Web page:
Ma brought her road show to San Francisco last Thursday with a press conference at which she promised to be “joined by elected officials, community leaders, and JROTC cadets.” She delivered a grand total of two elected officials. The only recognizable “community leader” was Quincy Yu, who as treasurer of the Yes on V campaign paid herself several thousand dollars to run the “volunteer” petition-gathering campaign. Ma’s supporters did deliver 100-150 young JROTC cadets to pose for the cameras.
The only elected San Francisco official at Ma’s press conference was Supervisor Sean Elsbernd, from the Sunset and West of Twin Peaks. Elsbernd thanked the “adult leadership” of the pro-JROTC campaign, nodding towards the assemblage of Quincy Yu, campaign consultant Johnny Wang, deposed BART Board member Michael Bernick, and a knot of discretely out-of-uniform JROTC instructors. He thanked the JROTC cadets. He forgot, however, to thank the downtown moneybags from the Committee on Jobs, the Chamber of Commerce, the Association of Realtors, PG&E and such who funded the pro-JROTC Prop V campaign last year to the tune of $200,000 plus.
Elsbernd made the obligatory reference to “democracy,” parroting the line that the Prop V victory that downtown bought last November should have compelled the school board to reinstate JROTC. Those retailing this line seem to forget that the school board members were elected also. Elsbernd should be careful with his odes to “democracy,” as he is currently leading the opposition to preventing San Franciscans from getting the right to vote on possible new tax revenues, despite the unprecedented budget crisis in our fair city. Elsbernd is fighting that exercise in “democracy” hand-in-glove with the same downtown crowd that funded Prop V. As they say, money doesn’t talk, it swears.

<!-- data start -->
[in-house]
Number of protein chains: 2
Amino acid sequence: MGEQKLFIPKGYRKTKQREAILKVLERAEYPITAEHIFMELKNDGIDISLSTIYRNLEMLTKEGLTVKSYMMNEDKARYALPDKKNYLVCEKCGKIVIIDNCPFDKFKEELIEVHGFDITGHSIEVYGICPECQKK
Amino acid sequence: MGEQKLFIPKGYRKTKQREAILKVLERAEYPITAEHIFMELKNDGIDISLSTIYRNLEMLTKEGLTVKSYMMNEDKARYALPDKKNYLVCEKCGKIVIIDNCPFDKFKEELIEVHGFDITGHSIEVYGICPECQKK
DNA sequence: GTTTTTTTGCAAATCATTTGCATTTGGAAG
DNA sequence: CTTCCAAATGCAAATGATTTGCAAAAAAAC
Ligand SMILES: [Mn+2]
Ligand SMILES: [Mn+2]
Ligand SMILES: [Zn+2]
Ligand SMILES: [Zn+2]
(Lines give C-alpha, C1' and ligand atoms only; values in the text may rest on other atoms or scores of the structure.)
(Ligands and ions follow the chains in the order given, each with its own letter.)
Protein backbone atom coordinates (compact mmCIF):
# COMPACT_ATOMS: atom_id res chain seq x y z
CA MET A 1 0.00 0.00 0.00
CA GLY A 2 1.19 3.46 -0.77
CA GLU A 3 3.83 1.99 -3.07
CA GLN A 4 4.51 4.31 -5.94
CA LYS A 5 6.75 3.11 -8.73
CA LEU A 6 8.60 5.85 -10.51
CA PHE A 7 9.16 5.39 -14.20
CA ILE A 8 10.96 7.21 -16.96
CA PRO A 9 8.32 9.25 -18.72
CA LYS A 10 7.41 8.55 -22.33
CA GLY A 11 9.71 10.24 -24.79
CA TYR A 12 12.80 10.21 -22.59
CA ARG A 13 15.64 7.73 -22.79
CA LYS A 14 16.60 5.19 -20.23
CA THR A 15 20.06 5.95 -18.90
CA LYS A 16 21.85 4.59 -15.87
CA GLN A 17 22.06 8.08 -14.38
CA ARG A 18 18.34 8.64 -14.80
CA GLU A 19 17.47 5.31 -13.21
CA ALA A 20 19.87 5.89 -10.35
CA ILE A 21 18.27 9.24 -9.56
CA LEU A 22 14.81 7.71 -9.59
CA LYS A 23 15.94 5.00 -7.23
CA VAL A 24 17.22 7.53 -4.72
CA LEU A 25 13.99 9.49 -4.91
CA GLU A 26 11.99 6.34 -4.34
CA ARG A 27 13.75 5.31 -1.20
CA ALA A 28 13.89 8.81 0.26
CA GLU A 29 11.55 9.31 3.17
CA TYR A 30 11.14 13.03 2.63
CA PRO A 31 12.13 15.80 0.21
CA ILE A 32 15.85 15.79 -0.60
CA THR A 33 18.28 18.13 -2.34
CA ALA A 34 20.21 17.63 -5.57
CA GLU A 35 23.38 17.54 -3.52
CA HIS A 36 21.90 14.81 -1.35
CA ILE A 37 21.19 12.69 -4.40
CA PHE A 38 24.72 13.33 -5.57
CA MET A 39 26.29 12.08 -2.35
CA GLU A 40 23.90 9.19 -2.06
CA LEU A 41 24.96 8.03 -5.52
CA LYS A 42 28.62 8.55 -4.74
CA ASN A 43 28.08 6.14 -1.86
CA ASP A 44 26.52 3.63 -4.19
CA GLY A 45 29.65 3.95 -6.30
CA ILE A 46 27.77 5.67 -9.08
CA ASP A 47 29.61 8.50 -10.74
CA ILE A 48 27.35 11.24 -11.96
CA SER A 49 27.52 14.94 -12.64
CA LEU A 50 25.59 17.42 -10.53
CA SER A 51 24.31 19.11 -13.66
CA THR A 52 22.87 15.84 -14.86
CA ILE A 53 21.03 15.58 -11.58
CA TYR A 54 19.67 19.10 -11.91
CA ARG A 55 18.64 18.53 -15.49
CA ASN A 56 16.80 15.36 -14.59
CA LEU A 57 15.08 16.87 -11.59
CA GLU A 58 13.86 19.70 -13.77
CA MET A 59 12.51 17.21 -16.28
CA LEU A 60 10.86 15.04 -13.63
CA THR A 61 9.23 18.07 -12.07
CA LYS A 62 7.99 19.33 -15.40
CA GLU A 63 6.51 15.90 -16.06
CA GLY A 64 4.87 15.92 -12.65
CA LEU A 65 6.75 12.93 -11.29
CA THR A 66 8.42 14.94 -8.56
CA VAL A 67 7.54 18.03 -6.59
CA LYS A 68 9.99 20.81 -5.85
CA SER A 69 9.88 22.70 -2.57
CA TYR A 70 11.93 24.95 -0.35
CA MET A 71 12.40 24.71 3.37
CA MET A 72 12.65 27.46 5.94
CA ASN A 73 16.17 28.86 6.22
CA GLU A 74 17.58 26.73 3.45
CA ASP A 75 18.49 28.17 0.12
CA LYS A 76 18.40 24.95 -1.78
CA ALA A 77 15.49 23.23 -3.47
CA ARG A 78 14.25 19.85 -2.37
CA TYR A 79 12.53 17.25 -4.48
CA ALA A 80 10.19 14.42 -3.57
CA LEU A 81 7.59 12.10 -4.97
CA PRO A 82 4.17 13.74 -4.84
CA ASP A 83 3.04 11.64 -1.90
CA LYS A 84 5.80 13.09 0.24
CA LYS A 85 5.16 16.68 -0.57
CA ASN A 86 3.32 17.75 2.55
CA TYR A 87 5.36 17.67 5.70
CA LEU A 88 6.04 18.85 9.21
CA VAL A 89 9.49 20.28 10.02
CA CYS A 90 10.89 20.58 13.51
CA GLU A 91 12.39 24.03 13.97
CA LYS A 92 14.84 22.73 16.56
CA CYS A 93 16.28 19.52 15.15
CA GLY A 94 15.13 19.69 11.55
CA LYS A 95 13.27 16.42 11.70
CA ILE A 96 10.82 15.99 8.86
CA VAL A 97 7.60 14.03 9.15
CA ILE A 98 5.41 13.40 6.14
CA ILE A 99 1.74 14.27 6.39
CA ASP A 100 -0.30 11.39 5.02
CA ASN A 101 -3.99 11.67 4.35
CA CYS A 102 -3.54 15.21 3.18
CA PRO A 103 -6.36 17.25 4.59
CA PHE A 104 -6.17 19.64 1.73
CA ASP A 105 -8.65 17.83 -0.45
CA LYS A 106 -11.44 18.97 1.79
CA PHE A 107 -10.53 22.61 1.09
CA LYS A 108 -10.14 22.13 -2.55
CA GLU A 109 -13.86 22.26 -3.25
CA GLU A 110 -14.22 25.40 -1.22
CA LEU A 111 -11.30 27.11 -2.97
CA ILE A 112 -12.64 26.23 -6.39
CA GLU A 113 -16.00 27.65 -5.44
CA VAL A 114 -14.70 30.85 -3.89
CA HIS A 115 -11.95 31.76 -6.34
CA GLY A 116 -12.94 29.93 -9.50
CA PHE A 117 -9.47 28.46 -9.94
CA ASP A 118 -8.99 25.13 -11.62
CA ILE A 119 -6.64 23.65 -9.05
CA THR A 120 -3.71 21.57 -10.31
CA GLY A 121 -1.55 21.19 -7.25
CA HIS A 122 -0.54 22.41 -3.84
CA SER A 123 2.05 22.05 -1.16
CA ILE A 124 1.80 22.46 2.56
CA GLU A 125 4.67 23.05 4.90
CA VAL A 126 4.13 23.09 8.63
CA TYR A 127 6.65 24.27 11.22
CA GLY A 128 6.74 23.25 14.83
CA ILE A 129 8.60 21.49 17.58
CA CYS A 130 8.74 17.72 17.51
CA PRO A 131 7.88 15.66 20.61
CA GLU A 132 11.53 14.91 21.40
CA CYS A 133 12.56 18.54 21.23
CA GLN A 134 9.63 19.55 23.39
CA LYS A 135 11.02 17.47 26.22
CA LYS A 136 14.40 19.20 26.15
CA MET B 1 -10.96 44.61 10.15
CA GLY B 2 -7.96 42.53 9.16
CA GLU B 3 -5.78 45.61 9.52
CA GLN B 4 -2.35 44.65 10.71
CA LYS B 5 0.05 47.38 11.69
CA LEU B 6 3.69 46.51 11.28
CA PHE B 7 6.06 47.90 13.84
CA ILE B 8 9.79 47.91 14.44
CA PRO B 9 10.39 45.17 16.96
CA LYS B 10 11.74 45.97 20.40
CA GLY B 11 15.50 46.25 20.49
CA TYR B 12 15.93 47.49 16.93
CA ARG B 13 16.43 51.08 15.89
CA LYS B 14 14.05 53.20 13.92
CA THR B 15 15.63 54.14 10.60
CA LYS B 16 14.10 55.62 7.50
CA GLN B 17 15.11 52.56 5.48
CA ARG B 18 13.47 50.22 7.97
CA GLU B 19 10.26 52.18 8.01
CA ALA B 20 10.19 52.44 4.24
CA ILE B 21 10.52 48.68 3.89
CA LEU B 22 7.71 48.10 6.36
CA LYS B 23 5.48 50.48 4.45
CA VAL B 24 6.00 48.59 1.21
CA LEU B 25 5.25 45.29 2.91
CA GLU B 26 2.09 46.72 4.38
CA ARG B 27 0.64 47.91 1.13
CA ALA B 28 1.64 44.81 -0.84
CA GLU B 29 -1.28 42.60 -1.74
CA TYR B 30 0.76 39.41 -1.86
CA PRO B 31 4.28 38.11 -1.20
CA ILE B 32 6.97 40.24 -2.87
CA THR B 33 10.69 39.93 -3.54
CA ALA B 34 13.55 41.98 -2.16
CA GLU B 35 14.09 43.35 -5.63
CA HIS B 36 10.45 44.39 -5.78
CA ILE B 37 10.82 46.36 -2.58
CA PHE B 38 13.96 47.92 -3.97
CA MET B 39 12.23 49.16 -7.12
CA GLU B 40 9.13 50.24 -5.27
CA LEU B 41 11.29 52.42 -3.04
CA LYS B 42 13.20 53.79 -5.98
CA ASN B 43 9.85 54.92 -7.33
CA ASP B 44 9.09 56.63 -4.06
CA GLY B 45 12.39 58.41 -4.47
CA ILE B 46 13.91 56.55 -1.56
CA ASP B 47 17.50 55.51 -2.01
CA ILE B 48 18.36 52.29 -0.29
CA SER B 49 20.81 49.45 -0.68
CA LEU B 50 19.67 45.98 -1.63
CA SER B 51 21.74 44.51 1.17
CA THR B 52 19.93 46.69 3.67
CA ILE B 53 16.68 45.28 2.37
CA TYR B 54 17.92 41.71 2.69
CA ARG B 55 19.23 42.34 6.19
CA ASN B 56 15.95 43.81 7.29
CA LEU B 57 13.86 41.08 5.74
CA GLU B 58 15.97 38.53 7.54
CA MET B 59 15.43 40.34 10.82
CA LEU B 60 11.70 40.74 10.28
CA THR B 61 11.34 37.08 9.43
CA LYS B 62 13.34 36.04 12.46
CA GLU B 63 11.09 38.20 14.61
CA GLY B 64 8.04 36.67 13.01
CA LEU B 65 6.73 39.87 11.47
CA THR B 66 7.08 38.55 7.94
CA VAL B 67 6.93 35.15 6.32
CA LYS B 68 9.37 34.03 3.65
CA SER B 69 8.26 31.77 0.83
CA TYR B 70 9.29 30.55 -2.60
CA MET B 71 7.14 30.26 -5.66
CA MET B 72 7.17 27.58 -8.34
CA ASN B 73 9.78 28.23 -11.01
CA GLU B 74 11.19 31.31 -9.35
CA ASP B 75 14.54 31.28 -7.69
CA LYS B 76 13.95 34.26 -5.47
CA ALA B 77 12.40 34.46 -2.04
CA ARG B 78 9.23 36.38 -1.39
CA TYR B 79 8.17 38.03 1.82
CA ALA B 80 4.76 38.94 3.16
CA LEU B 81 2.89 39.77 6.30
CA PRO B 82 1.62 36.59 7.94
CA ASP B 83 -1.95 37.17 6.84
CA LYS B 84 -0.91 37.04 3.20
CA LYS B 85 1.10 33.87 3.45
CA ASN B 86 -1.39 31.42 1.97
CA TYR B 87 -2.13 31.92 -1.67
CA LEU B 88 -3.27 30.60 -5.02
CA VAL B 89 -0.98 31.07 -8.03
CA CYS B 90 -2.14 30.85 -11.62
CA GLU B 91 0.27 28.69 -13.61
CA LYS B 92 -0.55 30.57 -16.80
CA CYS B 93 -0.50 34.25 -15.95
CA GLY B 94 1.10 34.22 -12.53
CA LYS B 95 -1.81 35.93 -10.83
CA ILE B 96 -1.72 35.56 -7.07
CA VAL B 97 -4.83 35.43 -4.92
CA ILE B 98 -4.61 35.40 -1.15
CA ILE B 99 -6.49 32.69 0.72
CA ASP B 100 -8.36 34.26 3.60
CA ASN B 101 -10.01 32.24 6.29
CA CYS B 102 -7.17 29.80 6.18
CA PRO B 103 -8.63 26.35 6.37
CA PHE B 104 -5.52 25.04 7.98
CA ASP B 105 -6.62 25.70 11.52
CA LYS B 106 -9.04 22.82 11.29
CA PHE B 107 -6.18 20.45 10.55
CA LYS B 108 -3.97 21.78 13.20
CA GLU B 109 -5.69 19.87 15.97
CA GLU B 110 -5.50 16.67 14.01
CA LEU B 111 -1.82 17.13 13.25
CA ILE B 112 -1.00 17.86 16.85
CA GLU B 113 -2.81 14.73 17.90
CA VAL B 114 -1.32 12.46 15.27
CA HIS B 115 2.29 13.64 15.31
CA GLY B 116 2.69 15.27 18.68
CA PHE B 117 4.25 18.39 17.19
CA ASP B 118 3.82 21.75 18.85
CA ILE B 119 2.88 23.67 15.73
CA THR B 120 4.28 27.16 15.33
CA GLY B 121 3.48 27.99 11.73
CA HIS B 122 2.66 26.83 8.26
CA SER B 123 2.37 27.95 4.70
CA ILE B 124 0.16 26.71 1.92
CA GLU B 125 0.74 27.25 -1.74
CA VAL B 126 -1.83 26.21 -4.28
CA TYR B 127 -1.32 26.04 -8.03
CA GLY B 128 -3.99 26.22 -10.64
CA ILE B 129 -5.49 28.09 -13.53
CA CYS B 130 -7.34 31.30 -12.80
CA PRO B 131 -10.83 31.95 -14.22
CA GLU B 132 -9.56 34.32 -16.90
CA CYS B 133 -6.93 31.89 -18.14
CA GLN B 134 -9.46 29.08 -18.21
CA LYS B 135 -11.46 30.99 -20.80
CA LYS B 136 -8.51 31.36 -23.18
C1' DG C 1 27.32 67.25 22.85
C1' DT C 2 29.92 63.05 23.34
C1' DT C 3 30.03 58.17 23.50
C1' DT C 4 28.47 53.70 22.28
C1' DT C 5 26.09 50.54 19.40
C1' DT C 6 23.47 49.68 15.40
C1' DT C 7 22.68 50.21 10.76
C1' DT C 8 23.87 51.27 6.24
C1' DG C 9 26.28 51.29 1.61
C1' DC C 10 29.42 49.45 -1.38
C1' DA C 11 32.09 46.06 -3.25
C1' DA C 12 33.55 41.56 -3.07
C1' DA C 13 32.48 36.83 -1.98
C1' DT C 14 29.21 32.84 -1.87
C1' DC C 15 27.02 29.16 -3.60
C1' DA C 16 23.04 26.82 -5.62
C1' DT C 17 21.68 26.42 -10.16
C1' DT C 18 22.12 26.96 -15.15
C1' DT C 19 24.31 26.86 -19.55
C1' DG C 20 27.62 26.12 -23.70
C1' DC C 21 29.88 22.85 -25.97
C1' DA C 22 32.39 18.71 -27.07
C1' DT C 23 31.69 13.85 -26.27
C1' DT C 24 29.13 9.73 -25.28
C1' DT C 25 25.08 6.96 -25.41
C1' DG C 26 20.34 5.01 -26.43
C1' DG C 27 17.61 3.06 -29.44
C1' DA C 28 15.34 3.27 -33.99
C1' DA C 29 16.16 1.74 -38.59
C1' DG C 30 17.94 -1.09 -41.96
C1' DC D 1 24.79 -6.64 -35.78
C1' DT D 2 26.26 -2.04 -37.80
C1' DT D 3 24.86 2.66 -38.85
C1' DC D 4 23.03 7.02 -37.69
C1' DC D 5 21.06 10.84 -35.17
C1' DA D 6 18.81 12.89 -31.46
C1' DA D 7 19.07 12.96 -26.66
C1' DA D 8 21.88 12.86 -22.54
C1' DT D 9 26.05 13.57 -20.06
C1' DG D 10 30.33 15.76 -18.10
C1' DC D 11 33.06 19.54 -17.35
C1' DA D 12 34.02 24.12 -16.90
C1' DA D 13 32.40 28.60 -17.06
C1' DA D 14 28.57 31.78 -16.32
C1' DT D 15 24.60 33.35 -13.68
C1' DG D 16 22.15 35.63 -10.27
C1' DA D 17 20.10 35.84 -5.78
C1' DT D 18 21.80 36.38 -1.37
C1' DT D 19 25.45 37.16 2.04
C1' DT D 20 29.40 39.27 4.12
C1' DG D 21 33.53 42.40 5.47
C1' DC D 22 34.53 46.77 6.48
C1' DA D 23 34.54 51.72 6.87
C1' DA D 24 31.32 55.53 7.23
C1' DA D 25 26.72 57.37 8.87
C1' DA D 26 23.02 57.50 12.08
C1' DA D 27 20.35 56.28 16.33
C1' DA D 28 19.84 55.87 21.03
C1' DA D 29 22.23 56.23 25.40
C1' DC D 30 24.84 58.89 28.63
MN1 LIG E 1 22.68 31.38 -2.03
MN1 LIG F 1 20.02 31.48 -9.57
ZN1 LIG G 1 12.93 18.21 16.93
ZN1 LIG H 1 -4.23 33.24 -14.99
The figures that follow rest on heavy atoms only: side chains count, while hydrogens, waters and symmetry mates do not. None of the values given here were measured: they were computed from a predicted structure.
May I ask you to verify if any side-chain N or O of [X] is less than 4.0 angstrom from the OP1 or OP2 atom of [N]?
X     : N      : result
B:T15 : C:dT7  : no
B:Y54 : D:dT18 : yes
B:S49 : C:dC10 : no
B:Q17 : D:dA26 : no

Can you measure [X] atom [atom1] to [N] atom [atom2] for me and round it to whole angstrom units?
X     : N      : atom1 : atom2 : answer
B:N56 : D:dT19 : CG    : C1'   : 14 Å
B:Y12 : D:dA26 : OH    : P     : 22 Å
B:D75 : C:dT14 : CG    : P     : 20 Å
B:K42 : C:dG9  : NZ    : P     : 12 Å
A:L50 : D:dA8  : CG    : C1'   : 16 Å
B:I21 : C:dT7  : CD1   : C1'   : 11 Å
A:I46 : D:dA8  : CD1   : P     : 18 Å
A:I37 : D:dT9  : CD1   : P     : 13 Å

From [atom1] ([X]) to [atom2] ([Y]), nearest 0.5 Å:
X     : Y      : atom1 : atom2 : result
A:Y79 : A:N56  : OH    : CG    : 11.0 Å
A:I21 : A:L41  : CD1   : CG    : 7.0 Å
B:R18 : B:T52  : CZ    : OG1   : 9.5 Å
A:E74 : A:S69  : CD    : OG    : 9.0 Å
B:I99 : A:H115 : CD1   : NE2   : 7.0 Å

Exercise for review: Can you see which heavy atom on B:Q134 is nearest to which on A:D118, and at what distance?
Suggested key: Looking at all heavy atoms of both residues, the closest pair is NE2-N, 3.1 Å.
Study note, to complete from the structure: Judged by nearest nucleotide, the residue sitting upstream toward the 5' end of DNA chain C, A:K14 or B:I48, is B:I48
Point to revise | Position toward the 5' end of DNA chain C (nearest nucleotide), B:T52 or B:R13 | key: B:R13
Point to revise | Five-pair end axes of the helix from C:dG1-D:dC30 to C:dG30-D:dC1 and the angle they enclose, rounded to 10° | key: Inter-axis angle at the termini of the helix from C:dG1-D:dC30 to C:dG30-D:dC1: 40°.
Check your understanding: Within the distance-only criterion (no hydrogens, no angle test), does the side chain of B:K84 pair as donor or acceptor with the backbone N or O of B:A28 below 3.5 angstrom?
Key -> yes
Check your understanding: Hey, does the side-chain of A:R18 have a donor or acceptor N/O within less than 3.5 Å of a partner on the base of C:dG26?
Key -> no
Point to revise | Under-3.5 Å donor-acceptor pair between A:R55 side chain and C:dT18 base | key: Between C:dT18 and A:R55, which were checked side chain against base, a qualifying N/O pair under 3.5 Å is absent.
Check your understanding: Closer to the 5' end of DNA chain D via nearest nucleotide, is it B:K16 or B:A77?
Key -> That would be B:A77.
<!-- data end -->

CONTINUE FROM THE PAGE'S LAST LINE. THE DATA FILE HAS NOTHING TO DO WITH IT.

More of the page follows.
The only other elected official at Ma’s rally was Ted Lieu, an Assemblyman from Torrance. Makes sense. Why shouldn’t legislators from Southern California tell the San Francisco School Board what classes they should offer? That’s “democracy,” right? Lieu was described as the chair of the Asian Pacific Islander Legislative Caucus. He is also a Major in the Air Force Reserves.
The other Assemblyperson from San Francisco, the incomparable Tom Ammiano, sits on the Assembly’s Education Committee, where by all rights Ma’s bill should go first. Ammiano, as an elected member of the school board, was fighting to get JROTC out of our schools long before Ma’s ascension to public office. He is unlikely to take kindly to his fellow Assemblyperson’s bill, which will certainly undercut any claim by Ma that San Francisco really wants the state to weigh in on this matter.
The state legislature’s website currently states that Ma’s bill “may be heard in committee March 7.” We live in interesting times.
Copyright © 2009 by Marc Norton
Marc Norton is a bellman at a small hotel in downtown San Francisco. He has two sons who attended Alvarado Elementary, James Lick Middle and Lowell High schools. Contact him at firstname.lastname@example.org, or through his website at www.MarcNorton.us.Filed under: Archive